Once we were done with the whole group lesson, then it was the students turn to come up with their own word problem. I had them write their own word problem and then solve it themselves. When they finished, they wrote a different word problem on the other side of the paper and gave it to a friend to solve. (this was great for motivation)

If you want to try something like this, you can grab the word problem paper for free here.

Have fun!!

Officer Buckle and Gloria Reading Response

Hey guys! It's been a while since I've been on here but I just wanted to pop in to pass along a freebie that was inspired by our read aloud today.

Each Monday morning, after calendar I read a story to my class that will correlate with one of their reading stations: Book Response. Normally this station has a simple response sheet where they rate the book, tell what it was about, draw their favorite part and circle words to describe the book.

We decided this week to switch it up after we read Officer Buckle and Gloria. Inside the story a student writes Officer Buckle a letter using star shaped paper. My students thought that was so cool. So, this week, their reading response is on star paper. It isn't anything fancy and I've left it pretty open.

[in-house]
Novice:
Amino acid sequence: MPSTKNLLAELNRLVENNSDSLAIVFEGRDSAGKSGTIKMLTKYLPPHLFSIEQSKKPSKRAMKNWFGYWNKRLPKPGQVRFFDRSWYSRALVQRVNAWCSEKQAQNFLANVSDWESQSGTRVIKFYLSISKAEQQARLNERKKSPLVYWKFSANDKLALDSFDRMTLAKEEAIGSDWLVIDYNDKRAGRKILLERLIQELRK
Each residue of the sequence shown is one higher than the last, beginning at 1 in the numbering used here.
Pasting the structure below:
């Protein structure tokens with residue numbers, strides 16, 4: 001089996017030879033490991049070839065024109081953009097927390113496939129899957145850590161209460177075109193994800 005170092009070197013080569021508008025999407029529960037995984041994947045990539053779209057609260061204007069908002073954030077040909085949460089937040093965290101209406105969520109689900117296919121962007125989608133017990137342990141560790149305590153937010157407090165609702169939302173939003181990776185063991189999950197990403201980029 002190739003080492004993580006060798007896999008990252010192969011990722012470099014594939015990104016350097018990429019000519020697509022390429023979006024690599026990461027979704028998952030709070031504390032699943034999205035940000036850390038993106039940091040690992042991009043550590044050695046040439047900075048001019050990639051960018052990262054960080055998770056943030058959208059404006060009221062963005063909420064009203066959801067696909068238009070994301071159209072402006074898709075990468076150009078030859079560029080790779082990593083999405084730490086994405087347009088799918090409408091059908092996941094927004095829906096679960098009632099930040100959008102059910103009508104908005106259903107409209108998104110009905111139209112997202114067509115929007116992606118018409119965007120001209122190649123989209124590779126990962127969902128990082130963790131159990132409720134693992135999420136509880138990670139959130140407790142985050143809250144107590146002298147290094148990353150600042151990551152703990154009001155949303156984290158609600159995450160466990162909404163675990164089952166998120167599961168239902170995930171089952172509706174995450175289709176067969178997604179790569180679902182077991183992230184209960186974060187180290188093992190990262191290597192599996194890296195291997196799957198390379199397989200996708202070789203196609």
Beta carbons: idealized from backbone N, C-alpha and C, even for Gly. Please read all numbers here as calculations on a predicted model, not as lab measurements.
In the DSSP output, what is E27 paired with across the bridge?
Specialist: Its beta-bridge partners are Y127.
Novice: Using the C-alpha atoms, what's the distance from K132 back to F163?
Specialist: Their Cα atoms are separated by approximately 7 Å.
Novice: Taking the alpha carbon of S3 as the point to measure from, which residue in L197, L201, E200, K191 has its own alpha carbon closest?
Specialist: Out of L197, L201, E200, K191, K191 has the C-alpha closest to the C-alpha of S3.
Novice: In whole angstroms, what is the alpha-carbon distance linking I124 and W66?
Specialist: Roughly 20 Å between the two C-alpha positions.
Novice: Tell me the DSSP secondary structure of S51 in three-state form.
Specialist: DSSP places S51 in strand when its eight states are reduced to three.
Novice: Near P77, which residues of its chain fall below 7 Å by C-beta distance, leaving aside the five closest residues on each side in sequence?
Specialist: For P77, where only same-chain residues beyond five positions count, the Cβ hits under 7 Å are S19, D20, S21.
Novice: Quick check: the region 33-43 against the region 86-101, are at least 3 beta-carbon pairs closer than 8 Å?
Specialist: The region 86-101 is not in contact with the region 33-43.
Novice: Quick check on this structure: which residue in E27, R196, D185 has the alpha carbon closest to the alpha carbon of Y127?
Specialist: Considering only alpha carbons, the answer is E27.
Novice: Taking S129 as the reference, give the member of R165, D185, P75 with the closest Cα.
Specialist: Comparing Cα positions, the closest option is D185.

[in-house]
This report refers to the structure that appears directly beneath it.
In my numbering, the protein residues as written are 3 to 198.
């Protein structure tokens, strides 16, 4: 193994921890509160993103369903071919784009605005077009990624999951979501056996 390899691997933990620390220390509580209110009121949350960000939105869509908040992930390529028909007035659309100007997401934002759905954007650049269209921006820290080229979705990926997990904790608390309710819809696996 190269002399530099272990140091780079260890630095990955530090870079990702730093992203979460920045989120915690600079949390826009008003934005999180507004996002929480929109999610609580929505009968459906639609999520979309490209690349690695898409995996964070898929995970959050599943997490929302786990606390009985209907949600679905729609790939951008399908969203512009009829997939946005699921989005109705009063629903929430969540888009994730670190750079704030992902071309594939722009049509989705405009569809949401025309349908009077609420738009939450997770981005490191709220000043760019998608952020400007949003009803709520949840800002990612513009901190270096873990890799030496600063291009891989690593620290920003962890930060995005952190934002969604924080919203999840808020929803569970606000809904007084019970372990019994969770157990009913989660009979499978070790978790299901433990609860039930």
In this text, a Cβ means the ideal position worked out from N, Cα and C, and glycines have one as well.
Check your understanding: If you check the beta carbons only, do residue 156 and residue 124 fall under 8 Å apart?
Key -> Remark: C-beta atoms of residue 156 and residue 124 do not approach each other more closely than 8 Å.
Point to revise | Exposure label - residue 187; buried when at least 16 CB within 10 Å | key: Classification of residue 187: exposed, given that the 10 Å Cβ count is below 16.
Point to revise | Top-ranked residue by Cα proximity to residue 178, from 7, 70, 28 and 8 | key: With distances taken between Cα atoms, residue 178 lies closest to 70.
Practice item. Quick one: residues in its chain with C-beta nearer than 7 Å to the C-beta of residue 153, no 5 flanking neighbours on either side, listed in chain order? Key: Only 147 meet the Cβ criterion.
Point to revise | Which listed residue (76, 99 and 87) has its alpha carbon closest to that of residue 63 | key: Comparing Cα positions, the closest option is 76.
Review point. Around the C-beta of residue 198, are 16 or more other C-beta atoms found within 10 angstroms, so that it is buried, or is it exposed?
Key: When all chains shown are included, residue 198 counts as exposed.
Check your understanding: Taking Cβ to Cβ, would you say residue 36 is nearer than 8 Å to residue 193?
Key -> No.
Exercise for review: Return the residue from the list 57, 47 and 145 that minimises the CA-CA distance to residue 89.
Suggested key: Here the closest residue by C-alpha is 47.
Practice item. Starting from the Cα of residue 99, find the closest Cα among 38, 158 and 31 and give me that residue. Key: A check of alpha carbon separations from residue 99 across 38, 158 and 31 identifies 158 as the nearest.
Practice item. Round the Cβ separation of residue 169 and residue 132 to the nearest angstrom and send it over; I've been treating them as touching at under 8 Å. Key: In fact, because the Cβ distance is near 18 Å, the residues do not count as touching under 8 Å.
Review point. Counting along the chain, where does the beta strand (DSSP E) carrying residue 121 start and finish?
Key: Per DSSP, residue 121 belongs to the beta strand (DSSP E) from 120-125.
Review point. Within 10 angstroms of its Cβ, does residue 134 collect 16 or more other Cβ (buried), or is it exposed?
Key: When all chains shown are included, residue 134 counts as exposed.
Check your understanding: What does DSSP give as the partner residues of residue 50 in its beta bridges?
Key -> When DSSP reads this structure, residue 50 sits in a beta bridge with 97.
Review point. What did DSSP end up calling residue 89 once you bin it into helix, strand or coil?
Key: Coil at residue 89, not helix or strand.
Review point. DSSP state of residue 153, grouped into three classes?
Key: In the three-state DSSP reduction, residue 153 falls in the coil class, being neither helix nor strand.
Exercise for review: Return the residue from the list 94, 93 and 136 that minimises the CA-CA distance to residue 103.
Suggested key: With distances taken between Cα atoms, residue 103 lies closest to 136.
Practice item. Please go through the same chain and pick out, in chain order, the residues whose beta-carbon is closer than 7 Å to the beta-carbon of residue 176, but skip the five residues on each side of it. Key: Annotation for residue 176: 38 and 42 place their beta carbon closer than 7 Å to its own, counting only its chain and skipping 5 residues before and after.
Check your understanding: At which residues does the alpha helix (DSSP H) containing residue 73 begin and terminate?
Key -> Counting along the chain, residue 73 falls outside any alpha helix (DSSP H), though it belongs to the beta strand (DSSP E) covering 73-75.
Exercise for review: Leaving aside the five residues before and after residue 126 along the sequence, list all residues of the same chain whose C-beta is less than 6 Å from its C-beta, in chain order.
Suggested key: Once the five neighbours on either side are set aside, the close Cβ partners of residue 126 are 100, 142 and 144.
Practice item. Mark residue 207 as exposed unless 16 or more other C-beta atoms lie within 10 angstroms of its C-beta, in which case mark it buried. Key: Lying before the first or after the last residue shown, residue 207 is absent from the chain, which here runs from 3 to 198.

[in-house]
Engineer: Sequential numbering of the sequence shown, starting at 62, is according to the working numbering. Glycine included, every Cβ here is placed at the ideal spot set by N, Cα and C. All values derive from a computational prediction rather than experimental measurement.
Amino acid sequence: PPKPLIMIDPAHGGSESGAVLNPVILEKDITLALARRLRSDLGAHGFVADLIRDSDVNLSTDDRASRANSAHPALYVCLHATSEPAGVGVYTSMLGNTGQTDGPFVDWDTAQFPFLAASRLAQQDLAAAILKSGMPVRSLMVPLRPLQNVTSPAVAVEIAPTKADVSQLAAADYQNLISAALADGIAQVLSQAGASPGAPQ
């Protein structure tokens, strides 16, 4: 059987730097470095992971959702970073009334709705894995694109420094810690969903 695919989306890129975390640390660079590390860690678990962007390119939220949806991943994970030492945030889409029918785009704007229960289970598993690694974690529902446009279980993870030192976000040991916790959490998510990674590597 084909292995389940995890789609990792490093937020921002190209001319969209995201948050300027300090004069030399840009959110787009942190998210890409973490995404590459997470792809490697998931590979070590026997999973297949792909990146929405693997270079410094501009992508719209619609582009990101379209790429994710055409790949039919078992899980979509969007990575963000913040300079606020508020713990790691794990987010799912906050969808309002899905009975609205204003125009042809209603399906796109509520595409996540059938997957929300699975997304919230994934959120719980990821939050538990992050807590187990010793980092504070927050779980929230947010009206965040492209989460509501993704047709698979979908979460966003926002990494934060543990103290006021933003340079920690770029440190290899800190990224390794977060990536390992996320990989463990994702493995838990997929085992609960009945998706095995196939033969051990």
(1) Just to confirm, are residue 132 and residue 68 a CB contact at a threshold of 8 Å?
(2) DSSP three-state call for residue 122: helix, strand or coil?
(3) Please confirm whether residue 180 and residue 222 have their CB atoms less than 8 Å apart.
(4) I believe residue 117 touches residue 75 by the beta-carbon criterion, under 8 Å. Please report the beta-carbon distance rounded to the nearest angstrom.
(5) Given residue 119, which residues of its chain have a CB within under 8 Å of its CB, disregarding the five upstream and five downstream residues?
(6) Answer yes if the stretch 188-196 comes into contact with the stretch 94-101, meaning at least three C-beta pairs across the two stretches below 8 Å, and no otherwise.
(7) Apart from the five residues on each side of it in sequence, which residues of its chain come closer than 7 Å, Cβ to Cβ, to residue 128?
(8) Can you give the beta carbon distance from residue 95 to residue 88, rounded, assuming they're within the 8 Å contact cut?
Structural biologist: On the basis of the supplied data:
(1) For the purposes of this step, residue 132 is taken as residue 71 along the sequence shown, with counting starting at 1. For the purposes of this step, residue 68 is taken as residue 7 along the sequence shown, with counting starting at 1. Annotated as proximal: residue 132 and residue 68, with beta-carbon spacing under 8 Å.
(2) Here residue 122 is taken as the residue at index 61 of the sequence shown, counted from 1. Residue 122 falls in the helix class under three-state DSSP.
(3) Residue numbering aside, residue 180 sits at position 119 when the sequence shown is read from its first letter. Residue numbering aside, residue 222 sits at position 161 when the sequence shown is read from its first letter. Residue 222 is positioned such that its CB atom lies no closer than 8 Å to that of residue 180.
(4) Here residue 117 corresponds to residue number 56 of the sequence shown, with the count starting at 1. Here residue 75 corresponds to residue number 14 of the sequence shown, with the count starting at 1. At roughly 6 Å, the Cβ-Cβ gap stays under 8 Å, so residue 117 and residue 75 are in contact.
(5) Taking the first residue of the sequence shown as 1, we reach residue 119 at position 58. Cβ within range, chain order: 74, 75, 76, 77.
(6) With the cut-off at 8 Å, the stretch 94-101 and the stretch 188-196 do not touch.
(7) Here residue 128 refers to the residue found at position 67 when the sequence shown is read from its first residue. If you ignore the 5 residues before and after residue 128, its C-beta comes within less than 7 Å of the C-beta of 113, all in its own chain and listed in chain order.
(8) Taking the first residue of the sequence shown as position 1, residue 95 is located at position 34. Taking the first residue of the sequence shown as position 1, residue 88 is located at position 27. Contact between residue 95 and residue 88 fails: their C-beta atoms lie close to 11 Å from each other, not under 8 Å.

These are their choices that I'll provide:
(I'm also always open to their ideas too)

1. Draw a picture of a character and write events that happened to that character.
2. Retell the story elements.
3. Write your own safety tips (this goes with the story)
4. Write about your favorite parts
5. Retell the story

I printed one blank star and one star that has the words, "My Safety Tips."
I am going to leave this pretty open ended and let the students choose what they want to do.

Here is an example of two stars so you can get an idea. I made these two stars as examples for my own students.